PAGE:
Growing Up Into Christ

Ephesians 4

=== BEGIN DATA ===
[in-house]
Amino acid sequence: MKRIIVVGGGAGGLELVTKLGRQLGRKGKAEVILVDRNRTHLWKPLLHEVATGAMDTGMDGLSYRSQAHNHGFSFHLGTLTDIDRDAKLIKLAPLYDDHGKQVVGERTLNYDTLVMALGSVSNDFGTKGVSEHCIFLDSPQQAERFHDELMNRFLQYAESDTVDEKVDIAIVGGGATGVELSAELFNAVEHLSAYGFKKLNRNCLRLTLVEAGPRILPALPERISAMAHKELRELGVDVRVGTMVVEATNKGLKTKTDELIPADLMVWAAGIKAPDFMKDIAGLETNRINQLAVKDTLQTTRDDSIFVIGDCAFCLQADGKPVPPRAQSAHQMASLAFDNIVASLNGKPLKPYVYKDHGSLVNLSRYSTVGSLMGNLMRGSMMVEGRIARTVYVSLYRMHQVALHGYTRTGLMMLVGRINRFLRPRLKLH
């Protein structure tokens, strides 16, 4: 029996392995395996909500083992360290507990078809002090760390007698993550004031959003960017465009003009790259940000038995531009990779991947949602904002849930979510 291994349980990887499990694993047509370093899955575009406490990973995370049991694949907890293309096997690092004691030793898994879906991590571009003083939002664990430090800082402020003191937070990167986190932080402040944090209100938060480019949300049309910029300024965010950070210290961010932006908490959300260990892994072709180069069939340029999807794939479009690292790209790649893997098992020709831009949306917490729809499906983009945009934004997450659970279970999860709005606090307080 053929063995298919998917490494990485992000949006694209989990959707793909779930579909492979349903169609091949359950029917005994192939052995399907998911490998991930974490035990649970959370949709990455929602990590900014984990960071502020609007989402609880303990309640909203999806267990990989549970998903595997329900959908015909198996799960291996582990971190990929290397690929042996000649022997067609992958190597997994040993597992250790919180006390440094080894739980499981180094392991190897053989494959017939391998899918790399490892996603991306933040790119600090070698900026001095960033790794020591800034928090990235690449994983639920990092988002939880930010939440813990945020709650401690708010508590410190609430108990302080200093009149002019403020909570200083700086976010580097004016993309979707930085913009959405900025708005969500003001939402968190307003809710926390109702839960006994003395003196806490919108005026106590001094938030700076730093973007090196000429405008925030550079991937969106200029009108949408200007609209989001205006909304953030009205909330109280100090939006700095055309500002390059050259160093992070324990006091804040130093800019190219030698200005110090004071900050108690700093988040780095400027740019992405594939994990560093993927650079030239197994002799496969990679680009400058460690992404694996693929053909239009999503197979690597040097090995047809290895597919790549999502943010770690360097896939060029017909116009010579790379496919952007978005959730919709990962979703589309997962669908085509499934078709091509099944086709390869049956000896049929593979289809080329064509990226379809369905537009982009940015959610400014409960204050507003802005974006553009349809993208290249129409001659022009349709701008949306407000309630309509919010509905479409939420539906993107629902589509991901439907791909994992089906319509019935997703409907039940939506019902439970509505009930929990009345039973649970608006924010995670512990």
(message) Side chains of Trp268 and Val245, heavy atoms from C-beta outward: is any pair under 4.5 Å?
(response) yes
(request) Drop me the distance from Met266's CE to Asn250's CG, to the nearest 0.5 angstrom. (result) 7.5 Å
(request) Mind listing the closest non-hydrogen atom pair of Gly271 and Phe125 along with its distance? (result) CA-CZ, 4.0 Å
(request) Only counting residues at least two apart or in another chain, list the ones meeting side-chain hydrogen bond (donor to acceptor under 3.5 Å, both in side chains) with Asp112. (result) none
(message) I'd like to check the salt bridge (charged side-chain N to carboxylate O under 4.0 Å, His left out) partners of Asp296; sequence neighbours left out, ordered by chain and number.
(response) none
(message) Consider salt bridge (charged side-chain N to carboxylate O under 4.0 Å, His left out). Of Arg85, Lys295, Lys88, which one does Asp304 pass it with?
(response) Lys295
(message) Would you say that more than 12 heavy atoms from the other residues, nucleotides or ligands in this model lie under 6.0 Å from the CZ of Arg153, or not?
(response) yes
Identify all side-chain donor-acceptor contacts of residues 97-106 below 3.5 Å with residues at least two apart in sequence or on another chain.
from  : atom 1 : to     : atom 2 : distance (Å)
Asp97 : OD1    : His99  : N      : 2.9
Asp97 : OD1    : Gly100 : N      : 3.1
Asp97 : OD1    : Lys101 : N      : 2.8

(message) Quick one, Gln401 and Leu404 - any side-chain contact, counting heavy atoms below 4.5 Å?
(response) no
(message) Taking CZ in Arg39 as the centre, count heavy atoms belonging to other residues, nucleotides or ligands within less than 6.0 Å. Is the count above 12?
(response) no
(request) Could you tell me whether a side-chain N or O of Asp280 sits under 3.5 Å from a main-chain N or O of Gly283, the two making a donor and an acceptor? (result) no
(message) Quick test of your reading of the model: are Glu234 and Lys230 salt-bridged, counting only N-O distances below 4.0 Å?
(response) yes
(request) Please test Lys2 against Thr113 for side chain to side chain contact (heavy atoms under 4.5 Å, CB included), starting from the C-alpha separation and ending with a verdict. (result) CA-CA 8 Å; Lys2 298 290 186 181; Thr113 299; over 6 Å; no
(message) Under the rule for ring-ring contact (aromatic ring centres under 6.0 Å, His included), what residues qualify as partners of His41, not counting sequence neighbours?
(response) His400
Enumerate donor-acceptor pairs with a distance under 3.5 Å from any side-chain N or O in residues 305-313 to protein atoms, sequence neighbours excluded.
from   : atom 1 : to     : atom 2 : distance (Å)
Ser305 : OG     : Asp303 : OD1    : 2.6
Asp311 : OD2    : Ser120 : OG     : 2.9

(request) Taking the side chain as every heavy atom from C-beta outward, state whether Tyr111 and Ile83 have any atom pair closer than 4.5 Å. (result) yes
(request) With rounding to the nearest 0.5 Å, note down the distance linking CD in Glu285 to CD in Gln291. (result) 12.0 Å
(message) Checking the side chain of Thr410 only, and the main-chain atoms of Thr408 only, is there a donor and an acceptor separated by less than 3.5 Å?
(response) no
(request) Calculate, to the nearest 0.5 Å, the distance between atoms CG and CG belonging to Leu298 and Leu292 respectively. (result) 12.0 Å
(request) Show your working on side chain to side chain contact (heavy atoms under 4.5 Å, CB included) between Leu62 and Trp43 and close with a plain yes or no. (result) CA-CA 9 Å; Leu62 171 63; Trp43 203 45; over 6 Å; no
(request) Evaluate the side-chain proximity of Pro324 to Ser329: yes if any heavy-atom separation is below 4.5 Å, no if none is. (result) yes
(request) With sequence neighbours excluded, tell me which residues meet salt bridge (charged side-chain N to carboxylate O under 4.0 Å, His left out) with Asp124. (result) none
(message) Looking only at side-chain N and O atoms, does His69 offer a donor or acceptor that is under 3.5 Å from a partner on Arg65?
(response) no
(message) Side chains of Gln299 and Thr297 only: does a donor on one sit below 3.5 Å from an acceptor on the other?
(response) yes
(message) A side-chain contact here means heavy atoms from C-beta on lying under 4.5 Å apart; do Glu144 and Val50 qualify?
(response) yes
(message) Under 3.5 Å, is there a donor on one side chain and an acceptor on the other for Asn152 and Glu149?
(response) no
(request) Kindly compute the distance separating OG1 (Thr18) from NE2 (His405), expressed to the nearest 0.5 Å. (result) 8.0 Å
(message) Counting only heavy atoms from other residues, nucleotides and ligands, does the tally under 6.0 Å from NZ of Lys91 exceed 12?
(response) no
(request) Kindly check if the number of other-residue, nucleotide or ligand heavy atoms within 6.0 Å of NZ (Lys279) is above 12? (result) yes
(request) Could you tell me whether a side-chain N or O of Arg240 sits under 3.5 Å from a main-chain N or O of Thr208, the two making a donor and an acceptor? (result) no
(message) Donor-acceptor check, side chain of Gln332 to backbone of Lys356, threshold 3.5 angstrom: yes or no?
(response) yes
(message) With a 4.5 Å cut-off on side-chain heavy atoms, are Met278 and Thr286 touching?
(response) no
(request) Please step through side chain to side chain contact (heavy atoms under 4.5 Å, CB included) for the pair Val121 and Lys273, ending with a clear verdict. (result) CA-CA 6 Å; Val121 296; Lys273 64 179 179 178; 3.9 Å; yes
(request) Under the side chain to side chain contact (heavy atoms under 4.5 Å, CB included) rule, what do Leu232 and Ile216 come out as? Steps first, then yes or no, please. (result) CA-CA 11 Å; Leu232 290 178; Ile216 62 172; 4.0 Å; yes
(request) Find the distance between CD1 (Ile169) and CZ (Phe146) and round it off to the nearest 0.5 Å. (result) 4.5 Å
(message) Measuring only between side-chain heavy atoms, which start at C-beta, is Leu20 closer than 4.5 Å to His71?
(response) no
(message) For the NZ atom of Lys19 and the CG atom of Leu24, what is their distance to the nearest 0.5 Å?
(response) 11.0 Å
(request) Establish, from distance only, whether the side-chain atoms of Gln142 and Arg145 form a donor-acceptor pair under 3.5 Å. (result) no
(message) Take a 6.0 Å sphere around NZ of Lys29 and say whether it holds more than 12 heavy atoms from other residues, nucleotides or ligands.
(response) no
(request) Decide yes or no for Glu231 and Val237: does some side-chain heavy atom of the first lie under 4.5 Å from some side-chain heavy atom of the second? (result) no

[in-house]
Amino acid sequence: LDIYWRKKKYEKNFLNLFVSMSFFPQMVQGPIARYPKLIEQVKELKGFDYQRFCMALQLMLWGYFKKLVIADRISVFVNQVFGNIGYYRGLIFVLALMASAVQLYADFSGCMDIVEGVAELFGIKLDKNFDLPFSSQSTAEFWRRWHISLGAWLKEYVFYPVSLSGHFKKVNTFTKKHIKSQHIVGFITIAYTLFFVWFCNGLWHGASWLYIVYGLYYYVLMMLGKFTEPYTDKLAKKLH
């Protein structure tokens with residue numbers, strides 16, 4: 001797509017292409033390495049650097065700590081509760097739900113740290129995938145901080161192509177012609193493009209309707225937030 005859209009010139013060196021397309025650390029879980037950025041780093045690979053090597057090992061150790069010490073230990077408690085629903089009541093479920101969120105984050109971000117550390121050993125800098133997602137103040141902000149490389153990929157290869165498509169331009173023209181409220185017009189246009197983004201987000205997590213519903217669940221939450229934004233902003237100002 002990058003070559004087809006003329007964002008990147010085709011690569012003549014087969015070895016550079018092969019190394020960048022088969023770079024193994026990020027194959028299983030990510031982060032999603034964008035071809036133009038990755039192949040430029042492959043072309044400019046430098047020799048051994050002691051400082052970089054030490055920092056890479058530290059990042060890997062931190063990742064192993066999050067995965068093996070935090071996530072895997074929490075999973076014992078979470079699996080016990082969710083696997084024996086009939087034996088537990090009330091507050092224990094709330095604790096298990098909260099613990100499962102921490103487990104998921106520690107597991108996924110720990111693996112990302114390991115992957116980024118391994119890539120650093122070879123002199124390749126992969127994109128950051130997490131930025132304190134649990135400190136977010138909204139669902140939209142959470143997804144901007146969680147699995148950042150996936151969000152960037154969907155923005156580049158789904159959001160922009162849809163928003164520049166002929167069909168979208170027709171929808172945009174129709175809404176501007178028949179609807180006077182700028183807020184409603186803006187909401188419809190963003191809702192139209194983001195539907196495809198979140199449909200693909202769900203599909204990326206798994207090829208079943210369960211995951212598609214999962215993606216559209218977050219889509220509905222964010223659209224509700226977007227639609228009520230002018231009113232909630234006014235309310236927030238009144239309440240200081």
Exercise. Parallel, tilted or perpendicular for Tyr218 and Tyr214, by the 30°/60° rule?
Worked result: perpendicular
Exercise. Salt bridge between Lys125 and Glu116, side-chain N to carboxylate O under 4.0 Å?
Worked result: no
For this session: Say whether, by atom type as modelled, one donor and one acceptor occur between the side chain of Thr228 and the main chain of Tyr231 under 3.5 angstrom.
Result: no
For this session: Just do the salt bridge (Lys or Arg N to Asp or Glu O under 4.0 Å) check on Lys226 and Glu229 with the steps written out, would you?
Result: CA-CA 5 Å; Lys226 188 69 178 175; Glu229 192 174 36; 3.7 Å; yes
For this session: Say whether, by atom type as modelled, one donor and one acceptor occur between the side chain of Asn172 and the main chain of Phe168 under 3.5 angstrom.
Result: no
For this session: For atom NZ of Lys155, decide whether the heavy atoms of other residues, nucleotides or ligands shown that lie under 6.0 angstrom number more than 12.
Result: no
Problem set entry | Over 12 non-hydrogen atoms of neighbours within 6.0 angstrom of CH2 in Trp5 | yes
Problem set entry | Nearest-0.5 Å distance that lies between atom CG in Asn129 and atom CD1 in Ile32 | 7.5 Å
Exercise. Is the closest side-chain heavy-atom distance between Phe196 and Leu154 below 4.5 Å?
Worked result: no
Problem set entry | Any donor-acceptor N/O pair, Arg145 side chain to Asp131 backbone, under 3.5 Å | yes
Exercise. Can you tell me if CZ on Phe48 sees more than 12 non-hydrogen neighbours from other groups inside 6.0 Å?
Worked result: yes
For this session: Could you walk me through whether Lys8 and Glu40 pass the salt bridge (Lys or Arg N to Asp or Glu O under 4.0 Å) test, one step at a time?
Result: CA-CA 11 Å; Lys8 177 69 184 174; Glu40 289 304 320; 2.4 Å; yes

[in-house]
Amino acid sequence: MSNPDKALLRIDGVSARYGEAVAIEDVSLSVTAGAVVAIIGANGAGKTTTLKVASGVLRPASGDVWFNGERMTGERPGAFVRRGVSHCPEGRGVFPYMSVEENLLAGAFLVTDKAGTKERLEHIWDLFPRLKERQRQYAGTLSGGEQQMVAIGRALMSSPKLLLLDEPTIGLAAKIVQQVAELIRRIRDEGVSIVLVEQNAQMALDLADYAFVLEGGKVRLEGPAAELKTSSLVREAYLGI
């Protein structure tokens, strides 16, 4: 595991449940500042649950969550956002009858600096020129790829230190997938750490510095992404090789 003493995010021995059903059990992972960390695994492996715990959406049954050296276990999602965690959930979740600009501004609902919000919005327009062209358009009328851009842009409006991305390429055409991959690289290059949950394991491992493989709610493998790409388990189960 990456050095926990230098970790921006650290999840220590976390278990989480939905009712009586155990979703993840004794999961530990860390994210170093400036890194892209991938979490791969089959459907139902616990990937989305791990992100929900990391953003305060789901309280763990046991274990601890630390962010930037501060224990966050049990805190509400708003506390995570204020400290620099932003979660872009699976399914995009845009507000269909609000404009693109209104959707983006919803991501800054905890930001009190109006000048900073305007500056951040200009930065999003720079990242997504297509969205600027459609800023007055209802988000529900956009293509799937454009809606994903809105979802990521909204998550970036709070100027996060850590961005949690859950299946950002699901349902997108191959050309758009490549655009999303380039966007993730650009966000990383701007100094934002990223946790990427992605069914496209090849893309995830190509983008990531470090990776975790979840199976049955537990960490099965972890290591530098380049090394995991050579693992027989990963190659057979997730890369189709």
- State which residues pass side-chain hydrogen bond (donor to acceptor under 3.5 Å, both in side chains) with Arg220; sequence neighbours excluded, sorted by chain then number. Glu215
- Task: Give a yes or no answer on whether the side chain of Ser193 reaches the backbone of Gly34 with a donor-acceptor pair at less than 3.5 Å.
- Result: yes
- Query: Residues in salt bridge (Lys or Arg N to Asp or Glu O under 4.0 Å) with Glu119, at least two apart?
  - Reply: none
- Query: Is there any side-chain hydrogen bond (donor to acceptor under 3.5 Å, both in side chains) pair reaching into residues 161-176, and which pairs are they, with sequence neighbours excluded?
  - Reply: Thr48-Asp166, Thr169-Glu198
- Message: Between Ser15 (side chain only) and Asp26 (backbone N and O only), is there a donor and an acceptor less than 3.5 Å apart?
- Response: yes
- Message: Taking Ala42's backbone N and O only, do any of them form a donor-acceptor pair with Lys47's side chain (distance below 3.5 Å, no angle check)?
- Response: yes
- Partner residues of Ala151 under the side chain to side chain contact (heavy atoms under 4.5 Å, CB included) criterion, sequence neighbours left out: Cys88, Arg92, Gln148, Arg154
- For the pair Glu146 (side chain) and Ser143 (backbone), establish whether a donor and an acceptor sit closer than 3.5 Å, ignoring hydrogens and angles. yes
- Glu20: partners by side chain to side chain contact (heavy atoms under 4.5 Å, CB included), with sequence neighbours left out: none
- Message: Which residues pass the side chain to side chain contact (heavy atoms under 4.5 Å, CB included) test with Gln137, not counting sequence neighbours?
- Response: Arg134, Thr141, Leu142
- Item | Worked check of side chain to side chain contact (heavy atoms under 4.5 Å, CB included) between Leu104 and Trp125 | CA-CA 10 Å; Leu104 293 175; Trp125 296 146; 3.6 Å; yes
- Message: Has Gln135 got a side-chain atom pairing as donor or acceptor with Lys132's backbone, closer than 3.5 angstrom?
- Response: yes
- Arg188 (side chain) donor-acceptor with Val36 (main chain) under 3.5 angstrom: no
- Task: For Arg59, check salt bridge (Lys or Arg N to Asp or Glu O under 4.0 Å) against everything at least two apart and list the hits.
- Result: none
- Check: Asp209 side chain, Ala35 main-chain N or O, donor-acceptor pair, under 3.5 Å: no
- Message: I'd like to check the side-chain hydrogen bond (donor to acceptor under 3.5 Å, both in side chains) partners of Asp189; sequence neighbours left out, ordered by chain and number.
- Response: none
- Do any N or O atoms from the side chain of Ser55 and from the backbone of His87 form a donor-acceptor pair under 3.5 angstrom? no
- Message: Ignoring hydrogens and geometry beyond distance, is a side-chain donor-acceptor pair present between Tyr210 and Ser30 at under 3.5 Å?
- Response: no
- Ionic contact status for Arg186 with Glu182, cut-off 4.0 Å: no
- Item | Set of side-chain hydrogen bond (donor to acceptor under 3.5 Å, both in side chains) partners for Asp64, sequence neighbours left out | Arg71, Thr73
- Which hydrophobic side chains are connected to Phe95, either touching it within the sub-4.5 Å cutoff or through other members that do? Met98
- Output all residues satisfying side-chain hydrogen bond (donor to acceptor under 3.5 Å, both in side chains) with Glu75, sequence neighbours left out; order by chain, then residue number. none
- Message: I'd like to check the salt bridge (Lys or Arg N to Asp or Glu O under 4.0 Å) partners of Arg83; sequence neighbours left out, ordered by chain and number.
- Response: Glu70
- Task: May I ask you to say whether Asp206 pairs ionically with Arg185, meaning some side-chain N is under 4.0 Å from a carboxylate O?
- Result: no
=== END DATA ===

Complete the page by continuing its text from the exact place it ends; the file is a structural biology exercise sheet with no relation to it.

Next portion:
One canrtot help seeing in such a passage as this the profound interest the Lord takes in blessing. There is profound love in it, as well as that it is a fact that He delights in blessing. His purpose is to bring us into the enjoyment of His own blessedness. His thoughts are blessings; and there is none anywhere else but in Him. If I speak of blessing, it must be what is in the heart of God. A father’s thoughts of giving to his children are measured by his love for them. When we see what is in God’s heart for us, and that all His thoughts have the form and power of blessing, what must be for us! He is bringing us to the measure of the stature of the fulness of Christ—this is to be the result; but it is the principle and spring of blessing that was in my mind to speak upon. He is conforming us as to His own thoughts in blessing at the end. The objects of such love, we, abject sinners, taken up by Him shew the greatness of His love. Christ is the great workman of it all. It is by Christ that He does it. When God sets about to bless, it is by the Son of His love. It is an immense foundation for us to rest upon—not only strong but wide and large and deep. “He that descended is the same also that ascended up far above all heavens, that he might fill all things.” “He descended first into the lower parts of the earth.” What then is to escape the power of Him, who has been borne up to the throne of God, after going down to the very lowest place of death under sin? He has been in the lowest place of misery and death, and is taken up to the highest place of glory—the throne of God— and all between is filled up by Christ. Thus nothing can escape. He went down to the place of death and sin, “made sin for us,” and went up to the throne of God. There is strength for me a poor sinner, something to rest on. Yet it is not distant from us, but we have the consciousness of its being in and around us. In Revelation it is said of the heavenly city, “the glory of God did lighten it, and the Lamb is the light thereof.”